Amid geopolitical uncertainty and supply chain glitches, the central bank abandoned forward guidance but said that monetary policy will be “calibrated, measured, and nimble” to ensure financial and economic stability. RBI retained both its inflation and growth forecast for the fiscal year despite softening of price pressures and multi-year high capacity utilisation as the future course remains “uncertain.”
“There are signs that consumer price inflation has peaked and it is expected to moderate going into the fourth quarter of this year,” RBI governor Shaktikanta Das said. “But inflation still remains at uncomfortably high levels. There are several uncertainties clouding the outlook. The resilient economic activity gives the space to act.”
The repo rate, at which the central bank lends to banks, was raised to 5.4% from 4.9%. All other rates, including the penal Marginal Standing Facility rate, move up by an identical margin. The six-member Monetary Policy Committee (MPC) voted unanimously to raise the rate.
Liquidity Will be in Focus
But external member JR Varma dissented on the stance focusing on withdrawal of accommodation.
An ET poll of economists and investors had pegged the rate increase at 50 basis points; half of them had expected a change in stance to neutral. A basis point is 0.01 percentage point.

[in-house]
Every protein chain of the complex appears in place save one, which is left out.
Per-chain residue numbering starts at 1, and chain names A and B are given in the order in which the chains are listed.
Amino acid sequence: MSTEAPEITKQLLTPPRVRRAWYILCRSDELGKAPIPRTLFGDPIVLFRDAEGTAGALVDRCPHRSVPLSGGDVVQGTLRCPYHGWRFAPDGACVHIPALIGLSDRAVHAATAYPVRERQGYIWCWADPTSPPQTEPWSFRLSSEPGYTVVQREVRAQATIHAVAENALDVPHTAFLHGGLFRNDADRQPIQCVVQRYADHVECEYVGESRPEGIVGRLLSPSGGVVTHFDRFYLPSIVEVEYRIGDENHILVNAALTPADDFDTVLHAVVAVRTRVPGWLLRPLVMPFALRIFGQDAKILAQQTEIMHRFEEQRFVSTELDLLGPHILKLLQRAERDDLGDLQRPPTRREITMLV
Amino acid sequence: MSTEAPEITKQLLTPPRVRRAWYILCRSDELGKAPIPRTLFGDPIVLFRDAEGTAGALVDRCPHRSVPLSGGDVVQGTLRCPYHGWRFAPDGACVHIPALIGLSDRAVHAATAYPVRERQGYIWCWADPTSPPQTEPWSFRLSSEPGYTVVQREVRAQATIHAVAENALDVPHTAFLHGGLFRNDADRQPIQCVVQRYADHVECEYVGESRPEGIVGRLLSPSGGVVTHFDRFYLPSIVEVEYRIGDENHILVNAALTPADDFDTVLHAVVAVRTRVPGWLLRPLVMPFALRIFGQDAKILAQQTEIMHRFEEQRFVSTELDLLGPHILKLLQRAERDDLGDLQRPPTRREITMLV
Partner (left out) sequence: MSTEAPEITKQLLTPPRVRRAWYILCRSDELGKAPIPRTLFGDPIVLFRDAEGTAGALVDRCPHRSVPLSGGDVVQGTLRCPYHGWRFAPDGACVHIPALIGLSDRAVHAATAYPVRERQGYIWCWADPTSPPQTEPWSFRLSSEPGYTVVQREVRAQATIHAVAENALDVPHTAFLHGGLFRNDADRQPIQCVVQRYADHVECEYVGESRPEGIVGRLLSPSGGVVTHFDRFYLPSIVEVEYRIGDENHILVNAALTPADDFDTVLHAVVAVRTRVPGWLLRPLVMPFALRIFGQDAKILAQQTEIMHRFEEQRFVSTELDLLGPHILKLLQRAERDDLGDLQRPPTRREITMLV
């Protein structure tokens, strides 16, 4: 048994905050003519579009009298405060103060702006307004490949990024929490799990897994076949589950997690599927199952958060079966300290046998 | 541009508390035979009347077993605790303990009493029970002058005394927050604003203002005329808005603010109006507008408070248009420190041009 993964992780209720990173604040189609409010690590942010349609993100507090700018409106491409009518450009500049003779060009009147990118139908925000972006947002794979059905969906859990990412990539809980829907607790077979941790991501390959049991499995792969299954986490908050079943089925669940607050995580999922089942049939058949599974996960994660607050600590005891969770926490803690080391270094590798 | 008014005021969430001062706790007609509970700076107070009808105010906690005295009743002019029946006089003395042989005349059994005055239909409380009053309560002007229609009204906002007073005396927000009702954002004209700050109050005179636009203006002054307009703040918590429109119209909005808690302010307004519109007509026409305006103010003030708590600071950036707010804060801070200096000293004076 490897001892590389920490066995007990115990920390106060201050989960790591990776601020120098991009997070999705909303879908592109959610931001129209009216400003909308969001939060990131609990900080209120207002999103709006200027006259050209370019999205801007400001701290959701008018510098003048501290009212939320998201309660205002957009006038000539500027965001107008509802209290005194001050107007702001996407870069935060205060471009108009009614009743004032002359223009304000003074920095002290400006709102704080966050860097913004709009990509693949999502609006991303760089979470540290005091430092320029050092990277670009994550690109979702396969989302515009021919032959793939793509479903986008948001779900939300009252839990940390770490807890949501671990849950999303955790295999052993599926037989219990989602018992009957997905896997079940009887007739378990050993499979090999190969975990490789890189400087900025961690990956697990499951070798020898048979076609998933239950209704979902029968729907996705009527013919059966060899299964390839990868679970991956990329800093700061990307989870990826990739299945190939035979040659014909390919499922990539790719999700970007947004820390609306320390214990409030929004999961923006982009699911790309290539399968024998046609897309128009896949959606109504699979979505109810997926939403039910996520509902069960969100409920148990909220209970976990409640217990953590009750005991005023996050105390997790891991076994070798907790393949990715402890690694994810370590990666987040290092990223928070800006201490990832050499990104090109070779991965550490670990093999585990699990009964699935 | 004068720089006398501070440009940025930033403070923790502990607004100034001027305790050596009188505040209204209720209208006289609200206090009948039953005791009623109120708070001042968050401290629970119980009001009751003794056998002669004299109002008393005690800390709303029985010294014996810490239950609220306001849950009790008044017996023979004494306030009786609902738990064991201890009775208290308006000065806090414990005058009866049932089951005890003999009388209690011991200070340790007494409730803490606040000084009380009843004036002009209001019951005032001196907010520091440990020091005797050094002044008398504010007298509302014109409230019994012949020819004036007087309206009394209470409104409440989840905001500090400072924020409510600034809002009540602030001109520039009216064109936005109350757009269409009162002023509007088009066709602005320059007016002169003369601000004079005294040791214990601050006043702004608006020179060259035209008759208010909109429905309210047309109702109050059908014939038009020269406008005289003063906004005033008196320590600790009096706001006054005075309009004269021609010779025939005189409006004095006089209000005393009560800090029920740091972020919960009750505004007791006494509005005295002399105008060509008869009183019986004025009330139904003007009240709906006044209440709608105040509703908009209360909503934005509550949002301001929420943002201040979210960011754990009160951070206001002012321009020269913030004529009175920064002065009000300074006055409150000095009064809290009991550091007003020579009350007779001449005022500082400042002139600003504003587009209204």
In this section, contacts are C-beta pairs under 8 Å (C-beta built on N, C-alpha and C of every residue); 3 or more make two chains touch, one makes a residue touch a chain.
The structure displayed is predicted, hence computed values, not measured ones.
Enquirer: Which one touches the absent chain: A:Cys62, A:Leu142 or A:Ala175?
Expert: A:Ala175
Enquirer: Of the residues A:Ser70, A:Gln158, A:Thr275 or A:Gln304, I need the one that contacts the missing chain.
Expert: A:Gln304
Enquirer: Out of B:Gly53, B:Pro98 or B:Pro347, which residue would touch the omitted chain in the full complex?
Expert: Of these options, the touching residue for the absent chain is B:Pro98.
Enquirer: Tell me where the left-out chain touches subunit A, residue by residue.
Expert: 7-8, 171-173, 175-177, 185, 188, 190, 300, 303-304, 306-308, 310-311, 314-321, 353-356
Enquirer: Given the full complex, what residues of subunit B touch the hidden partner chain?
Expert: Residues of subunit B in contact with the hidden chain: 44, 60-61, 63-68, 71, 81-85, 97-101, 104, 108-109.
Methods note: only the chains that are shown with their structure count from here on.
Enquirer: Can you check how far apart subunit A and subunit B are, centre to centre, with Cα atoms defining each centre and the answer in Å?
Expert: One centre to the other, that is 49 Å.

“The MPC and the RBI have stayed cautious and did not over-interpret the recent commodity price moves,” said A Prasanna, head of research at
Primary Dealership Ltd. “With this increase, the MPC has significantly frontloaded the withdrawal of accommodation. This gives it the flexibility to slow down the pace of hikes going forward.”
The Sensex rose 0.15% to 58,387.93 points and the rupee gained 0.29% to close at 79.24 to the dollar. Benchmark bond yields rose 13 basis points to 7.29%. Bond yields and prices move in opposite directions.
Liquidity will be in focus as the central bank navigates a soaring current account deficit and an accelerating demand for loans, which are growing faster than bank deposits, straining the financial system.
Governor Das assured adequate liquidity-sufficient availability of funds in the market at rates indicated by the policy rate-despite this falling drastically in the past few months due to central bank intervention in the currency market to stabilise the rupee. When the RBI sells dollars, it sucks out rupees from the system.
“The RBI will remain vigilant on the liquidity front and conduct two-way, fine-tuning operations as and when warranted-both variable rate repo (VRR) and variable rate reverse repo (VRRR) operations of different tenors-depending on the evolving liquidity and financial conditions,” Das said.
The average surplus in the system fell to Rs 3.8 lakh crore in June-July from Rs 6.7 lakh crore in April-May.